It was such an honour to be part of a gathering of Celtic and First Nations musicians in Nova Scotia. During the gathering we built a teepee (during which we got eaten by tons of midges!!) on the grounds and enjoyed a very special night with Frank and Josie from the Mi’kmaq people. They led us in a very special ceremony around the fire after which we celebrated with drum, singing and the talking stick was passed around.
The local fisheries have not allowed net fishing this year due to the extremely low numbers of Chinook Salmon returning to the Stikine river– the livelihood for this region! During the Friday evening’s gathering, a truck full of salmon traveling from Alaska crashes on a bend right outside the festival. The driver amazingly is not hurt but the truck is destroyed. Not only does this prompt passers-by to stop at the festival but the fish have to be redistributed so as not to be wasted and the village of Dease Lake and surrounding area now have enough fish for a year! Provision comes in interesting packages! Read more for pictures. Read More
3 years ago we were invited by Grand Chief Lynda Prince to visit the Tahltan people of Dease Lake area in Northern British Columbia for a music festival. During this event 120 drums were being bought to the land and played as a symbolic act of returning the drum to it’s people. Read More
I met Joseph and Martha Manzo in southern California a couple of years ago and since then we have been working together at a few different events. So we are very pleased to announce Joseph’s first EP recording, with funded by Voices from the Nations charity. Digital tracks available now on Bandcamp or CD Baby.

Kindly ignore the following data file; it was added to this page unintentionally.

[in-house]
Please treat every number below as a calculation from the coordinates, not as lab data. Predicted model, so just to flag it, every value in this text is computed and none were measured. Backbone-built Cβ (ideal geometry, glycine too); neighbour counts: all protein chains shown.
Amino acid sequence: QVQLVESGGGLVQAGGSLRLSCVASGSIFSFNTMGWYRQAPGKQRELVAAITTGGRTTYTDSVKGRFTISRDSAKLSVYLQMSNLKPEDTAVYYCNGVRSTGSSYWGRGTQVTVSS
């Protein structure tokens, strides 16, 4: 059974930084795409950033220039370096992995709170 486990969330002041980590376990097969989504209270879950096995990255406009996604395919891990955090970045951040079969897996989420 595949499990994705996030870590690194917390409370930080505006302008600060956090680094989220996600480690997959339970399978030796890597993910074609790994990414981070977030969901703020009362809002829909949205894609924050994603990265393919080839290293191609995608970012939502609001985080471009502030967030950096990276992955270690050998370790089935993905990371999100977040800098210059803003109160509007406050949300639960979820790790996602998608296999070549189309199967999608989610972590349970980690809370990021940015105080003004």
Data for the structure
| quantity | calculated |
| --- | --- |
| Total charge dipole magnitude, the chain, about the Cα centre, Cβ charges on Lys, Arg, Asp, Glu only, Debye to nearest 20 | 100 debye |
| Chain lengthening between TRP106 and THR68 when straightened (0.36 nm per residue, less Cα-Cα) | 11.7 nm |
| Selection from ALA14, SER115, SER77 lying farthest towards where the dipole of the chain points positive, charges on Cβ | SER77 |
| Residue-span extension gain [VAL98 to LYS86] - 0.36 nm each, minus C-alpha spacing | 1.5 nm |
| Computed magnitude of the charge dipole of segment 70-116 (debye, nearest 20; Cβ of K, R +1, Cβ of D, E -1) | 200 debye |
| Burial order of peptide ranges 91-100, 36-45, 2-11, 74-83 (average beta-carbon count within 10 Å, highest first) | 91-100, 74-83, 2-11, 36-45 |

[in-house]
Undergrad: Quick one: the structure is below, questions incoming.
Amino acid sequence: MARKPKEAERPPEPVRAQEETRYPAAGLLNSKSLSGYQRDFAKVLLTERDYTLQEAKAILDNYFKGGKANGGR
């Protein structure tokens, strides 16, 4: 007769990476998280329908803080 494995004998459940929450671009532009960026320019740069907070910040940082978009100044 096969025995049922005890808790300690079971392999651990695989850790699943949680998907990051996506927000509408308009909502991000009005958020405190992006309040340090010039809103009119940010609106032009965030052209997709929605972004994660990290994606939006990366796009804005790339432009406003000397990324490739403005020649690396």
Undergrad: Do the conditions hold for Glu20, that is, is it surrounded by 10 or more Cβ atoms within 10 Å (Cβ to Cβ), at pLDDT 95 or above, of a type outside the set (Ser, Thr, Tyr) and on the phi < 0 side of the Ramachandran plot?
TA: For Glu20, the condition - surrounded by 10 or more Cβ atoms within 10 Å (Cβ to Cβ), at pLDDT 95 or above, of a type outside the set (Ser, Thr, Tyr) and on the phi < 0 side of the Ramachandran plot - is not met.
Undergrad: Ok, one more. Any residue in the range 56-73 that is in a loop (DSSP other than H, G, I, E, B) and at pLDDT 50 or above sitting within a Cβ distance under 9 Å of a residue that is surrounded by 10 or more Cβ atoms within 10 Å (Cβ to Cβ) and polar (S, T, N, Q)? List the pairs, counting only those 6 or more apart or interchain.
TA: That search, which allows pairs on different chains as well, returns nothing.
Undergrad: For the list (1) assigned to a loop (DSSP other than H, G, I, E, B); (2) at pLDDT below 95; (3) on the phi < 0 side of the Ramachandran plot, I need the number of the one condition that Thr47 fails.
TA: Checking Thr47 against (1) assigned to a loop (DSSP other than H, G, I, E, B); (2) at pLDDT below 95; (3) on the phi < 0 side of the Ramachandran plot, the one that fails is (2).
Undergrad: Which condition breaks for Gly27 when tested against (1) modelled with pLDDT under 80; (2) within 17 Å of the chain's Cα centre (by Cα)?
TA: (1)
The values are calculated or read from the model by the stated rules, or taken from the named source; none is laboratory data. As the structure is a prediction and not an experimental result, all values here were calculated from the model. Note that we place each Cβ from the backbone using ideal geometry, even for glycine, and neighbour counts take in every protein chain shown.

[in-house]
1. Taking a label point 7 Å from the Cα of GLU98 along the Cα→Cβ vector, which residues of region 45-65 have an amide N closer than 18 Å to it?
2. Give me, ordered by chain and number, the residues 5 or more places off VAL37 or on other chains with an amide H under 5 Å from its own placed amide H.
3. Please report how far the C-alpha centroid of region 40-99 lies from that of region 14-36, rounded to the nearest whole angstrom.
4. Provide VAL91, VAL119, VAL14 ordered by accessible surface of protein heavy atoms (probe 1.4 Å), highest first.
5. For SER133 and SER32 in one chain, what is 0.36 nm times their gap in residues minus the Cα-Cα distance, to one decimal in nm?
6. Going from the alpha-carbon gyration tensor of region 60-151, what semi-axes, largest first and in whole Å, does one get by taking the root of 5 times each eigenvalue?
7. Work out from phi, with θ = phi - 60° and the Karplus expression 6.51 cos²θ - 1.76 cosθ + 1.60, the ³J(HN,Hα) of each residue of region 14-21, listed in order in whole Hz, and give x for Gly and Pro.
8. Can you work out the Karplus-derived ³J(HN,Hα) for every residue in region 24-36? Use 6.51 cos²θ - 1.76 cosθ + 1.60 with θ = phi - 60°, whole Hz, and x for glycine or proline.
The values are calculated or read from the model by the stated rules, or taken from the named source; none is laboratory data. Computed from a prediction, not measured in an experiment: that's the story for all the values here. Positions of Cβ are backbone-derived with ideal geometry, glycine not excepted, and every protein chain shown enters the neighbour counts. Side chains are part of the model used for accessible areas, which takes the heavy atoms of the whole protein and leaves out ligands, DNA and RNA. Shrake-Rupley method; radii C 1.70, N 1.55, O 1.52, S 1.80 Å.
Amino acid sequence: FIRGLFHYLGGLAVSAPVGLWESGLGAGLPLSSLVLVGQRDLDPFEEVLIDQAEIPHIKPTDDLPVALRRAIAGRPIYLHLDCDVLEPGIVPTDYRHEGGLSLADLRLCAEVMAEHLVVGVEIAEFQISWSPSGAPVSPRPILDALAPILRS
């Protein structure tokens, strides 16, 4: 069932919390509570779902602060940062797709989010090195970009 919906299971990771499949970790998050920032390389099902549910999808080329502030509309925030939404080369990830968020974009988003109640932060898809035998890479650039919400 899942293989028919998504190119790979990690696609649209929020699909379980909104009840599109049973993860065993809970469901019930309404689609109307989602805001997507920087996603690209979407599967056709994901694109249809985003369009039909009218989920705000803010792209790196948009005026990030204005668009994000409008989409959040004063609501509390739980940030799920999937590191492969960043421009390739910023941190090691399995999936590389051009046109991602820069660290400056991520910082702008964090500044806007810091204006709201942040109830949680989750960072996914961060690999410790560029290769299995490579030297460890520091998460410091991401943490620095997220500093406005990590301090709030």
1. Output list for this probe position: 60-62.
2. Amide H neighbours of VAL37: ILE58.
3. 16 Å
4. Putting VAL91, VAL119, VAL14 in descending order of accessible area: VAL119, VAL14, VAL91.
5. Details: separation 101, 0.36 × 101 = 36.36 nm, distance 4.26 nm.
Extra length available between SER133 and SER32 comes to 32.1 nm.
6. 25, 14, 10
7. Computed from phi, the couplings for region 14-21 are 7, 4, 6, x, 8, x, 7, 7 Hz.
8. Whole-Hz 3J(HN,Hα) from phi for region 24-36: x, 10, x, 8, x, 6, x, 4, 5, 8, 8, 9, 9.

It was wonderful to be back in the beautiful wilderness of northern BC. Here’s a clip on the sad history of residential schools in Canada and the restoration of drum and language happening today, using footage from last years music festival with the Tahltan Nation.
It was an honour to meet Chief Andy Carvill and celebrate with the Tagish First Nation in Carcross, Yukon, as they opened a new learning center and cultural building. A highlight was the Dakhká Khwáan Drum and Dance group.
It was so good to be back with Uncle Willie and Auntie Gracie in Tahltan country (northern BC). This was the second year that we had been invited to take part in their music festival, this time primarily so we could show them the video footage and recordings we had made from the previous year, although I did get a chance to ‘bash some skins’ with a few bands! They were so moved at a private viewing that they decided to show the film on one of the evenings of the festival.
Yesterday we headed up the Fraser river from Vancouver. After recording and filming their music festival in 2016 we are back with the Tahltan people of northern BC. Great to be back in beautiful bear country!
We left the Alaskan Highway just south of Toc and travel along a 25-mile dirt road that snakes its way into the bush. We are heading to the Tetlin community, home for 120 Athabaskan people.